Supported Graphics Devices
Dataplot supports a number of graphics device drivers. Some
of these (e.g., Postscript) are built-in directly and are thus
available on all implementations of Dataplot. Other drivers
require local installation (typically, this just means linking
with an appropriate graphics library) and may or may not be
available on a given implementation. Certain types of graphics
output may be post-processed by external software.
Chapter 7 of Volume I of the online Reference Manual discusses the commands for specifying the graphics devices. The Frequently Asked Questions discusses the issues of printing graphs and importing graphs into word processors in the PC Windows environment.
Built-in Device Drivers
Dataplot supports the following built-in device drivers:
Device Drivers That May Require Some Local Installation
In addition, the following devices are available, but may
require some local installation (usually linking the proper
device library). The installation notes give instructions for
installing these devices (when the appropriate vendor library is
Adding New Device Drivers
I have a number of devices that I plan to add support for in
Dataplot. Feel free to send me requests for additional
device support. My criteria for deciding to add a device
Currently, I am investigating adding Cairo and OpenGL device drivers.
Using the popular and
Ghostscript/Ghostview programs can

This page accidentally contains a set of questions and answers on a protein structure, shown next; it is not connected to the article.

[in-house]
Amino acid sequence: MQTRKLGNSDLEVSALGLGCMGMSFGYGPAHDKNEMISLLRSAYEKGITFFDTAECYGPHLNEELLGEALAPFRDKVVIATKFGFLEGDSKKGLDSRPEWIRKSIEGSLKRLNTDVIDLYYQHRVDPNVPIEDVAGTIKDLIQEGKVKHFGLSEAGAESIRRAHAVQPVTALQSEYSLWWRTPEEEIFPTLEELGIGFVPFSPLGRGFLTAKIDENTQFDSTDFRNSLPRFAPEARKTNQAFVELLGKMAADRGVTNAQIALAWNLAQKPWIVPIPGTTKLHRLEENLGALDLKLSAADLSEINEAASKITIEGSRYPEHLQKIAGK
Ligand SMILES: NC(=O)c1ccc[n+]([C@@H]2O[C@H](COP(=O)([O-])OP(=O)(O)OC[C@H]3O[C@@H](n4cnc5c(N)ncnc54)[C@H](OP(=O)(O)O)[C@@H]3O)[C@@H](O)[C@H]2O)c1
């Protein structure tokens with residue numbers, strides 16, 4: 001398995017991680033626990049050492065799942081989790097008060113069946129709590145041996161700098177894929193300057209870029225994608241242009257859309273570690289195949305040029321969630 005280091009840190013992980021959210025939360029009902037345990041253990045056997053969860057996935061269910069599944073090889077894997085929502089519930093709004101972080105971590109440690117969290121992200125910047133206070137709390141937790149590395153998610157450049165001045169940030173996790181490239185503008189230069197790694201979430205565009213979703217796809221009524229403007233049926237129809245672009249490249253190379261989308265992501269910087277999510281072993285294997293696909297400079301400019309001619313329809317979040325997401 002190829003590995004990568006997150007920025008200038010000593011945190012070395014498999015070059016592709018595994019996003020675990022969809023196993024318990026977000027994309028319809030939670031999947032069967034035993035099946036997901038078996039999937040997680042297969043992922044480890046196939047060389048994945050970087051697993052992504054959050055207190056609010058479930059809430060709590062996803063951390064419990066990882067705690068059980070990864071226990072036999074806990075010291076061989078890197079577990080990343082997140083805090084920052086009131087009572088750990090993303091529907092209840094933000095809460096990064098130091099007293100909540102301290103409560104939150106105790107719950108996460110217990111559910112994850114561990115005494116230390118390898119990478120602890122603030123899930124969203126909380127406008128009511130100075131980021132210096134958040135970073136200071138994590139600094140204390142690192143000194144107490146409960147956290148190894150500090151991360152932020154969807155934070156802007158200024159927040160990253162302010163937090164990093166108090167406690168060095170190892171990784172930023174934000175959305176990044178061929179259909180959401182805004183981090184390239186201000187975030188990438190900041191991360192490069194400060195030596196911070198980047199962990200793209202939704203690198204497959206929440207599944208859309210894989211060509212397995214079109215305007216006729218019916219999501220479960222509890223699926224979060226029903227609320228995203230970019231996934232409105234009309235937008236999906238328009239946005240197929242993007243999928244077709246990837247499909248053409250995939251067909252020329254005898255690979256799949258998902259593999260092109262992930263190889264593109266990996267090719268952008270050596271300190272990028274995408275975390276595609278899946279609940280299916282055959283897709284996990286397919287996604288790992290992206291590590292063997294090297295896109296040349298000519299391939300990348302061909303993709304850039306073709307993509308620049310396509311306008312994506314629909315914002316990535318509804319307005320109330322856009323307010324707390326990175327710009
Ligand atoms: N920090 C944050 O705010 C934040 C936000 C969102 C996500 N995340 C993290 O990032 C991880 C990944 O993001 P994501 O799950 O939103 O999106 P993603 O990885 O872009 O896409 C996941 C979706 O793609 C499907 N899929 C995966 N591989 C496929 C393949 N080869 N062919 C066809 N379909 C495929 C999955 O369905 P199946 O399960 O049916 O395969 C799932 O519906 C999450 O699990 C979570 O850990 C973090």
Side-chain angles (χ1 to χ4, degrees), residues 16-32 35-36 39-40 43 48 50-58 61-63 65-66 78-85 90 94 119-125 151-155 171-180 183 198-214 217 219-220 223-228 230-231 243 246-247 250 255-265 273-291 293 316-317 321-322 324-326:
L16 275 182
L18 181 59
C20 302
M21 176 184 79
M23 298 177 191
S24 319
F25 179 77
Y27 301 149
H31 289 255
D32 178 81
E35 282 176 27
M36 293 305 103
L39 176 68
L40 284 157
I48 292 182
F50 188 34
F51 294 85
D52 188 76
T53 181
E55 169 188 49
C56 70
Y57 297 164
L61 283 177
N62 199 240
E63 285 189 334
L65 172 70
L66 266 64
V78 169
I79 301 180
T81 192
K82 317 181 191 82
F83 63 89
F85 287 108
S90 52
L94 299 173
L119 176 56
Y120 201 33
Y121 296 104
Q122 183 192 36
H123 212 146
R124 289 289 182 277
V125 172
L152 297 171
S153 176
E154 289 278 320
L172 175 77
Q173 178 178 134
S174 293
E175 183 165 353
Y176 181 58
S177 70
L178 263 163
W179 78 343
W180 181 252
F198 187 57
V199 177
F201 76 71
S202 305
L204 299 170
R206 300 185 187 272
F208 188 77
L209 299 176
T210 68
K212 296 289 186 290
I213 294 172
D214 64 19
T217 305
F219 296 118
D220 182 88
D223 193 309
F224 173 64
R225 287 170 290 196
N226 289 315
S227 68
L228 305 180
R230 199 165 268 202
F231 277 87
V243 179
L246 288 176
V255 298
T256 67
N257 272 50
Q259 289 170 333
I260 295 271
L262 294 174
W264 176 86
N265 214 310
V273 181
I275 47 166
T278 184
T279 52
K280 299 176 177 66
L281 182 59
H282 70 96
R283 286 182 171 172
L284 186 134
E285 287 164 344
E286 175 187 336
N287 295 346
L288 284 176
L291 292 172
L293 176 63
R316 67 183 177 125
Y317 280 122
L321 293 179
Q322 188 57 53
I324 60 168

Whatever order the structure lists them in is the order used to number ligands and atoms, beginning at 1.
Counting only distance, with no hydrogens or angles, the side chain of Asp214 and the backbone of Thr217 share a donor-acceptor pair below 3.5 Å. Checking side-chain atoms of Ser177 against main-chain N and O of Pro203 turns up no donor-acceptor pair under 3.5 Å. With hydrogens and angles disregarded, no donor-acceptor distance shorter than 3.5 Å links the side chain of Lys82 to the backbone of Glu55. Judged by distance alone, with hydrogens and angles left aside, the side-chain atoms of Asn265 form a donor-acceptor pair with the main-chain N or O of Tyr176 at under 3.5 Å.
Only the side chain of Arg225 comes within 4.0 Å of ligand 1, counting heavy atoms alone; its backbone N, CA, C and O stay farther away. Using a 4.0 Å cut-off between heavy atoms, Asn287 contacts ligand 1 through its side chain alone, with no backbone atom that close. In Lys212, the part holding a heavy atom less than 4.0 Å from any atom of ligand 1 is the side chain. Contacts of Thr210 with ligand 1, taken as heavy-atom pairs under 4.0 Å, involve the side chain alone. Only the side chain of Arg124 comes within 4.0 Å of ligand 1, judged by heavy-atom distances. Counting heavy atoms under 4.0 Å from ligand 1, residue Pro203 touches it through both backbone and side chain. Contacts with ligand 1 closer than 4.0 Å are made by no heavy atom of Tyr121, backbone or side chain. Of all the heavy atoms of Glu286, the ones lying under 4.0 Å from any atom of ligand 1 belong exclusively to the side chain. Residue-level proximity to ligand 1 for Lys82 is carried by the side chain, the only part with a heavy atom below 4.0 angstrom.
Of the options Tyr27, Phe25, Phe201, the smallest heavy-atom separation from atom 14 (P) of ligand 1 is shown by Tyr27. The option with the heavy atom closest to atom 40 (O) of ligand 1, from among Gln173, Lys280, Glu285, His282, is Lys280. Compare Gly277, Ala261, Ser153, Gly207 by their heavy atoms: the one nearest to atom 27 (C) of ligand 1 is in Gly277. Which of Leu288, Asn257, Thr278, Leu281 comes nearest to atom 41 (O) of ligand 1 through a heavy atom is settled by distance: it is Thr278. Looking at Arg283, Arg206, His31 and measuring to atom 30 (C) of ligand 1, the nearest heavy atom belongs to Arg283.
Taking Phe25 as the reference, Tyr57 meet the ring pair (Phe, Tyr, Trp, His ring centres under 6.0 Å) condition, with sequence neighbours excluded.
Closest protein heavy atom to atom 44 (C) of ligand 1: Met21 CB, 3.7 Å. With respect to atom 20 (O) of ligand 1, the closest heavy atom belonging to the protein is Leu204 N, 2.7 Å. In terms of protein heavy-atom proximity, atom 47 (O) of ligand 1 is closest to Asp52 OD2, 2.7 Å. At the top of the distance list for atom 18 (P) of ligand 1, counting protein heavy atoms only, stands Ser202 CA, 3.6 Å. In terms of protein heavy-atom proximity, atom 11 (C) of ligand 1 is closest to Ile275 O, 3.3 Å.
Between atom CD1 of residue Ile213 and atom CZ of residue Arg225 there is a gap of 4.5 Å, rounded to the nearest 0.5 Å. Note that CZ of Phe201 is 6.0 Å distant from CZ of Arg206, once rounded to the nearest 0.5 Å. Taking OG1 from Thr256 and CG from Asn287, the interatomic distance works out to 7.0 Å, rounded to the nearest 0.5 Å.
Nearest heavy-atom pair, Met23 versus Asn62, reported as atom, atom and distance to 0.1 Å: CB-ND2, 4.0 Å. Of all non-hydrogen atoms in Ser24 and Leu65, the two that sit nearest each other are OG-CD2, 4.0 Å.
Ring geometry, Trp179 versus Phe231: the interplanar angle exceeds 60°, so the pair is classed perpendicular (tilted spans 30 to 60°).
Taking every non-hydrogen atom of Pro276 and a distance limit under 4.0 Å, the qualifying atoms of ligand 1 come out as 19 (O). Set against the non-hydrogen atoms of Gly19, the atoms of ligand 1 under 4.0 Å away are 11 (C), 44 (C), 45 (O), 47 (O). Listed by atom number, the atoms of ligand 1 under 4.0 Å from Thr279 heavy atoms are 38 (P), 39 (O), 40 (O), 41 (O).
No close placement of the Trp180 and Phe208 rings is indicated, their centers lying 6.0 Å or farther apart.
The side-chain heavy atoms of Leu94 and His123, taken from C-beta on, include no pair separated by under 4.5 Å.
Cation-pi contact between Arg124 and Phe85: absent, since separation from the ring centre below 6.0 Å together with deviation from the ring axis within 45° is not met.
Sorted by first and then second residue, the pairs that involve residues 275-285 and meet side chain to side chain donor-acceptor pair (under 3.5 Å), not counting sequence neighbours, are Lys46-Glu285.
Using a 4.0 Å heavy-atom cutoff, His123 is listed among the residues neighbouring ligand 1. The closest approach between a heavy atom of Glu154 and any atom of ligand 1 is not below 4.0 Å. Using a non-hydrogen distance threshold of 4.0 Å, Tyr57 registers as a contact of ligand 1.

greatly extend the list of supported devices on the Unix
and Microsoft Windows platforms. Ghostscript/Ghostview can
read Postscript files and view them on the screen or convert
them to many other common formats. In particular, the most
common use of Ghostscript/Ghostview is to print Postscript
files on non-Postscript printers.
NOTE: Recent enhancements (as of 1/2003) to Dataplot now invoke Ghostview or Ghostscript automatically. Specifically,
Dataplot Post Processor
Many years ago I wrote a post-processor for Dataplot. This
will read either Dataplot metafiles (i.e., the GENERAL device)
or Tektronix 4014 format files. There are currently 2 versions
available. One uses the Disspla subroutine library while the
other uses the Template subroutine library. Although these
libraries are no longer available, these can be used as a template
for other graphics libraries.
With the availability of Ghostview/Ghostscript, graphics editing programs such as the GIMP, and image conversion programs such as Image Magick and NetPBM, I don't really find any particular need for the post processor anymore. However, the source is available upon request (the most likely use is to adapt it to a local graphics library).
If you are interested in the post processor, contact Alan Heckert.
The CGM metafile can be used if you have a local post-processor that reads CGM format files. Dataplot currently only generates clear text ecoded CGM files. Many post-processors only read binary encoded CGM files. If you have LIBPLOT installed, you can use the LIBPLOT CGM file.
NIST is an agency of the U.S.
Date created: 06/05/2001
NIST is an agency of the U.S. Commerce Department.
Date created: 06/05/2001